Minds, Robots, and the End of Humanity (FYS-IFS-G)
Welcome to these online materials for the Fall 2017 FYS course on Minds, Robots, and the End of Humanity (Manchester University).
This course meets three times weekly for 50 minutes each, and is devoted to helping you develop your writing and critical thinking skills in the context of one of the most pressing — and philosophically interesting — issues of our day.
We will be considering questions such as —
• Can machines think? Can they be conscious?
• How do we know whether something — a human, another animal, a machine — is thinking or is conscious?
• How far will the automation of work reach? Which jobs will be left for human beings?
• Is artificial intelligence possible? Is artificial life possible?
• What is a person? What is a self? If they are not the same, how are they related?
• How does a person remain the same person over time and through all its many changes?
• If we succeed in creating an artificially intelligent system that is smarter than us, will we still be able to control it?
• Should we limit the development of these intelligent systems, if they present risks to human existence?
• Can we program these intelligent robots to be moral? (And what would that look like?)
— and so on.
Course Description: In a 2014 interview with the BBC, the eminent physicist Steven Hawking claimed that “the development of full artificial intelligence could spell the end of the human race.” [see] This is not a new idea in the world of film and literature: Computer code that is able to re-write and improve itself and to control robotic machines able to manipulate the physical environment (including, of course, the building of more robots), eventually becomes independent of human control, resulting in something akin to a Terminator movie. Various parts of this scenario are already happening, and the Hollywood story-line appears increasingly inevitable: “If such machines can be built, they will be built.” This seminar will explore some of the key ideas and concepts behind this story while considering the larger question of the end (or purpose) of humanity in the face of its possible end (or demise).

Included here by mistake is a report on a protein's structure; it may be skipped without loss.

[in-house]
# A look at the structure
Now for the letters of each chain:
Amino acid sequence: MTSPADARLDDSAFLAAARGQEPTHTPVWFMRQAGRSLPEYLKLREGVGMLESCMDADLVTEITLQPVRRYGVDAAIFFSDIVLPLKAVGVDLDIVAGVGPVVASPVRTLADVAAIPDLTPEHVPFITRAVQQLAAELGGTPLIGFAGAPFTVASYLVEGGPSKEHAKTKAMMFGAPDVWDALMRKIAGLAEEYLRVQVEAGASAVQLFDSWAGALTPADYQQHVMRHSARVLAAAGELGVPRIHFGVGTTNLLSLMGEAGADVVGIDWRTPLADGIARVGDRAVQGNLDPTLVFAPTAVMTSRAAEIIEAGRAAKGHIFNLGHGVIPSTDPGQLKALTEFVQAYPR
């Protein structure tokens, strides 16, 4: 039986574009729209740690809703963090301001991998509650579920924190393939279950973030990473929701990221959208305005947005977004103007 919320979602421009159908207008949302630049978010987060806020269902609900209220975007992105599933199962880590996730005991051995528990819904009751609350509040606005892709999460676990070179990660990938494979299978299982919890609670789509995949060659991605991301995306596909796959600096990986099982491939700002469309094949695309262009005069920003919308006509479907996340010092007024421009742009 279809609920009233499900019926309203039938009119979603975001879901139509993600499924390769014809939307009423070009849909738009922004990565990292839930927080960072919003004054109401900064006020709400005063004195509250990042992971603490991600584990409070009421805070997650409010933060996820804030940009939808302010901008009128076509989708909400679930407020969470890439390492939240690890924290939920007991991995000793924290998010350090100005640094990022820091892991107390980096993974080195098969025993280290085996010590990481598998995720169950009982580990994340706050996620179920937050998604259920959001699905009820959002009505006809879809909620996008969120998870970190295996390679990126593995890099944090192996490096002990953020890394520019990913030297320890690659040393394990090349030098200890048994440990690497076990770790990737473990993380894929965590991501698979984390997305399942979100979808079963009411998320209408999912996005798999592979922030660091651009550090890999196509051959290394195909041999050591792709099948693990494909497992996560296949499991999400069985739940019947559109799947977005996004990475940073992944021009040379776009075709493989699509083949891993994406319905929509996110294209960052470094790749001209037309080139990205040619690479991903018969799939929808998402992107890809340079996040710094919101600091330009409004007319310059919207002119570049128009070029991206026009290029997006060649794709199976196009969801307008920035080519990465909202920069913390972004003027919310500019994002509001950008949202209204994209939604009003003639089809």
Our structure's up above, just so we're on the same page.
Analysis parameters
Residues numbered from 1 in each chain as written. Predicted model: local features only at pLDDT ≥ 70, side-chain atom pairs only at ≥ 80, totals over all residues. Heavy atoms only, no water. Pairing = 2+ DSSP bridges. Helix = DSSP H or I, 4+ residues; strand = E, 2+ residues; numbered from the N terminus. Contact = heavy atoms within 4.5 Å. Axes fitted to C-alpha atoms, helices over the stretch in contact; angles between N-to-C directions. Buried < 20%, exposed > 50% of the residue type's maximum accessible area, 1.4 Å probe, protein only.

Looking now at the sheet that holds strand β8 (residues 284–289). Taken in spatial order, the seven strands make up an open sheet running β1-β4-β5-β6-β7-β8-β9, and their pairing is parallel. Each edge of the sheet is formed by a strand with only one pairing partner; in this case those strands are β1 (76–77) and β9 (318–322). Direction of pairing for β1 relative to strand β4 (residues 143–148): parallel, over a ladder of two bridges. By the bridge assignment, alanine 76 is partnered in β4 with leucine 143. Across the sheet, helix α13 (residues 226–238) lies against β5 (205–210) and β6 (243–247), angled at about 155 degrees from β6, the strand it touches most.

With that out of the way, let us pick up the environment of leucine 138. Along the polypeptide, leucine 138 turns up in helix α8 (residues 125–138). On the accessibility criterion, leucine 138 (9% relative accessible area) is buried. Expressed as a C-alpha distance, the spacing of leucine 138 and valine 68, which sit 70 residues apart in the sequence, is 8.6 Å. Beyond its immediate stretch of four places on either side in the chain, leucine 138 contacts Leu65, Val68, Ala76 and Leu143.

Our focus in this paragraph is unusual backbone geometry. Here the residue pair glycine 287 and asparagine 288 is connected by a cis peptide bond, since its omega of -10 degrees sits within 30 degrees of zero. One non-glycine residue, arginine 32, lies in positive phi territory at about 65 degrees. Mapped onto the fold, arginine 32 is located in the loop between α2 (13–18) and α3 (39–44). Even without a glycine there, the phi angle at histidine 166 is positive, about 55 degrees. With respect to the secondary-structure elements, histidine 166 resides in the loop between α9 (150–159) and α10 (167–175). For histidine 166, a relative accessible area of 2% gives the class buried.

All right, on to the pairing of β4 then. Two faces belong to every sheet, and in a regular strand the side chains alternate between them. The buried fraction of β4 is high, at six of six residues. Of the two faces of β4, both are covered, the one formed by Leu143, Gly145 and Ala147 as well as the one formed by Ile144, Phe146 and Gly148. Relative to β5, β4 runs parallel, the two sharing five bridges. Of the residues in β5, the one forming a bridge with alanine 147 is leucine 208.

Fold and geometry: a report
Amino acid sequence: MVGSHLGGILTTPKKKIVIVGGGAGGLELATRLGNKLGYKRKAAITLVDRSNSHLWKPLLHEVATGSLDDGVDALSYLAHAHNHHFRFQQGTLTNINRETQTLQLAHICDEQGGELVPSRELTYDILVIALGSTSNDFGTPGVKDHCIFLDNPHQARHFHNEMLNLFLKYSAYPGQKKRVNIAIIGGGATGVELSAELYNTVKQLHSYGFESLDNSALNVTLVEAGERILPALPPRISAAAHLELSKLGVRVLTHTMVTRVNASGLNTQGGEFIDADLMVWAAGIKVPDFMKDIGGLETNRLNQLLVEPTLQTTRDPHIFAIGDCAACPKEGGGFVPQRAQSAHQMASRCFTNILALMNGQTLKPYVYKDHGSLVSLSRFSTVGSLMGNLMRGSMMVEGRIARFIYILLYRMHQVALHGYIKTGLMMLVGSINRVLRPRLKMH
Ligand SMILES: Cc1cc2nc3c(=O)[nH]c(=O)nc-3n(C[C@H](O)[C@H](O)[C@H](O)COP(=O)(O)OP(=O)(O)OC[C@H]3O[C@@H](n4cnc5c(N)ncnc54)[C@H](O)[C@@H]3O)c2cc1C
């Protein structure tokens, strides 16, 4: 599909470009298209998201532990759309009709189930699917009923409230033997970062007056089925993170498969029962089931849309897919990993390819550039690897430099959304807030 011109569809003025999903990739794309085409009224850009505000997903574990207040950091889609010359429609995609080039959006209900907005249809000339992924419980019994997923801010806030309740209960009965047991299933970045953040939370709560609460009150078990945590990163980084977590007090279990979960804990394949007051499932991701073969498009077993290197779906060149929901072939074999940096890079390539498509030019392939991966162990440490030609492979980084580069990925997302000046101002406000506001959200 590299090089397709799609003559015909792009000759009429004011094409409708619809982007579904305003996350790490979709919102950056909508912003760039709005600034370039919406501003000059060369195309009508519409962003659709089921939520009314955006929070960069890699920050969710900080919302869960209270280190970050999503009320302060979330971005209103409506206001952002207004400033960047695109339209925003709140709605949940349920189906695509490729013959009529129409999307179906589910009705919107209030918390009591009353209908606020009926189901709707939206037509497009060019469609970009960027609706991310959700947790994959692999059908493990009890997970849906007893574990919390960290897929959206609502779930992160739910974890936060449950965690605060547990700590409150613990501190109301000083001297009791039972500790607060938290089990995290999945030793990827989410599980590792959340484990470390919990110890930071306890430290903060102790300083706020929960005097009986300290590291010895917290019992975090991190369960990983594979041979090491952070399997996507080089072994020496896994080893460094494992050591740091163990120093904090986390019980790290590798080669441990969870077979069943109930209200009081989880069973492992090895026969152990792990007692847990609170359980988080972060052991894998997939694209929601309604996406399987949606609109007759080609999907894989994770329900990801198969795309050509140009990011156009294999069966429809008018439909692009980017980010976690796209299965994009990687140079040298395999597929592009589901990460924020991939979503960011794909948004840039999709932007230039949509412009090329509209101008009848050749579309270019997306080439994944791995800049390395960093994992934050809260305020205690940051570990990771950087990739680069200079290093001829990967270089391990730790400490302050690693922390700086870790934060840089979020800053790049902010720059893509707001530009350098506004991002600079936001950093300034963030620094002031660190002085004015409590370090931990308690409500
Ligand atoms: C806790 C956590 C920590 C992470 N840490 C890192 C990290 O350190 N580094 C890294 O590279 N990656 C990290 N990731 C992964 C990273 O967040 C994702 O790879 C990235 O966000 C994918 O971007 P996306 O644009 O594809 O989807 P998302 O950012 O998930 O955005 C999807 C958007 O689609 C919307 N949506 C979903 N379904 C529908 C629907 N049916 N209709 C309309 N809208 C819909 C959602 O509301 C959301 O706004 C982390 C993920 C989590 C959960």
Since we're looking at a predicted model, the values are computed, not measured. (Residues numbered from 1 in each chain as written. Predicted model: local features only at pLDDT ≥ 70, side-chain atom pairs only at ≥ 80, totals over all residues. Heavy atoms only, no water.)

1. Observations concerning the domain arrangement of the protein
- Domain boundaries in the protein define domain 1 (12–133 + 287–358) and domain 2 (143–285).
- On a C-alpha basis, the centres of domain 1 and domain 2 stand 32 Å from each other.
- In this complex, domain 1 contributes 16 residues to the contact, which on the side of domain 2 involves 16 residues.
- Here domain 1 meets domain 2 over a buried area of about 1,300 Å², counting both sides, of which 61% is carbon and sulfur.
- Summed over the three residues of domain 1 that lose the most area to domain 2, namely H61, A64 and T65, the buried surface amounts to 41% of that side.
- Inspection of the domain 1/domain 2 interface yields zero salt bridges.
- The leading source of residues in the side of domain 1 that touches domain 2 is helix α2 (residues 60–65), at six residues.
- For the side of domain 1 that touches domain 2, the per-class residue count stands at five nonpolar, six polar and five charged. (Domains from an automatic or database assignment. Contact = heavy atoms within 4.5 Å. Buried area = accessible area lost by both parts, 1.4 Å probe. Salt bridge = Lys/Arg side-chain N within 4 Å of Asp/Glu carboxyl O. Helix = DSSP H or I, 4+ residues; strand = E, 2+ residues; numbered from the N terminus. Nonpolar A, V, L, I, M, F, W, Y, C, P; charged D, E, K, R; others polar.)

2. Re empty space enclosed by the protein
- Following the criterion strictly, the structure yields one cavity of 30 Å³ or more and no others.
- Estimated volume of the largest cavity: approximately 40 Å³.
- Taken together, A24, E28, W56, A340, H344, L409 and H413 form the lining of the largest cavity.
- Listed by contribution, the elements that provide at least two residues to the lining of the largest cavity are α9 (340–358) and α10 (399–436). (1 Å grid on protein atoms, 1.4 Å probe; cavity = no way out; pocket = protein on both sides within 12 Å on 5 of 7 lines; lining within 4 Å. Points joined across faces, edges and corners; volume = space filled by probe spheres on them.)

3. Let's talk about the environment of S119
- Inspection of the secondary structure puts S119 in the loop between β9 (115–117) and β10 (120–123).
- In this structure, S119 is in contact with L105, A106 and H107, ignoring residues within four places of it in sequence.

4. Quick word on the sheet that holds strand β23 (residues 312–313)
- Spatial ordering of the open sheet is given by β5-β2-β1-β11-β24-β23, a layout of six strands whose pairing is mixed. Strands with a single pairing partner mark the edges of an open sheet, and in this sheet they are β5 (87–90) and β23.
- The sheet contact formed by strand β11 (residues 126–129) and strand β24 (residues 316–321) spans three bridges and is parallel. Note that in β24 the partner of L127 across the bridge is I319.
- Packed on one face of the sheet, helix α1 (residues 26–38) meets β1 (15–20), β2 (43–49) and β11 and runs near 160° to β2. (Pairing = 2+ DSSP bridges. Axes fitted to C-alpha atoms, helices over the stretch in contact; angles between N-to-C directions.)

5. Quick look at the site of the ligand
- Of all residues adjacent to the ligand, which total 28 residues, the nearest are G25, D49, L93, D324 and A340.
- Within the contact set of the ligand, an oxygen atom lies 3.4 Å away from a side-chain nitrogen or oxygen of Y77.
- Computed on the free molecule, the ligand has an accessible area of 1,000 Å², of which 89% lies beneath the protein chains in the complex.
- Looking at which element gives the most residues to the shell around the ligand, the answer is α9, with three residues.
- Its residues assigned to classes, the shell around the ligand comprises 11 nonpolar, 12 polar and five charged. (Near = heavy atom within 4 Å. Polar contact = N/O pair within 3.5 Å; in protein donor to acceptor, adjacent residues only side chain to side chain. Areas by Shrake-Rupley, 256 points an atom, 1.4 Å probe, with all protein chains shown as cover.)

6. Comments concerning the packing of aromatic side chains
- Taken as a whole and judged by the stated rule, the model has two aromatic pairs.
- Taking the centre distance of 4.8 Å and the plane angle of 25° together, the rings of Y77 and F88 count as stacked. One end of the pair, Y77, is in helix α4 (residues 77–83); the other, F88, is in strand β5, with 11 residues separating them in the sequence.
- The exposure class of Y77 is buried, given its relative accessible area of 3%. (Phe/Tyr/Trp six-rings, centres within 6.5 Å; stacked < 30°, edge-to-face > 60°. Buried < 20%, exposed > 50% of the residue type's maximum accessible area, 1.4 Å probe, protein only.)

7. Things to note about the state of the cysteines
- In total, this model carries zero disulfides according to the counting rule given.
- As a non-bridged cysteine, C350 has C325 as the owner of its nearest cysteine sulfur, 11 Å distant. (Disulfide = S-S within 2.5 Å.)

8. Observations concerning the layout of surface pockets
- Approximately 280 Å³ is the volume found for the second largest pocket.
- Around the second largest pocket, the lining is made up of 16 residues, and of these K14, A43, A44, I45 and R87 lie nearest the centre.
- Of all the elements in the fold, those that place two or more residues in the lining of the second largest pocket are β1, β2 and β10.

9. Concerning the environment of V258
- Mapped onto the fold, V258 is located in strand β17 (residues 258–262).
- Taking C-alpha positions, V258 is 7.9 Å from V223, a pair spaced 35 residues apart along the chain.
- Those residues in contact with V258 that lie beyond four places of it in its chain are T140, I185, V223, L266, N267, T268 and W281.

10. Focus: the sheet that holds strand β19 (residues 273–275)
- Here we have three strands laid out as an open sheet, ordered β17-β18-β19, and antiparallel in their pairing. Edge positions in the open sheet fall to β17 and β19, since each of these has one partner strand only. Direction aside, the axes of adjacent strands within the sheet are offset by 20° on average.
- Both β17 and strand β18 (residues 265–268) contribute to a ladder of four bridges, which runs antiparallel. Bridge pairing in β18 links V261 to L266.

I will try to keep the office hours (Academic Center 233) indicated on the weekly schedule, but I’m happy to meet at other times as well; just see me before or after class to arrange something. Otherwise, I am best reached by email or voice-mail left at my office (982-5041).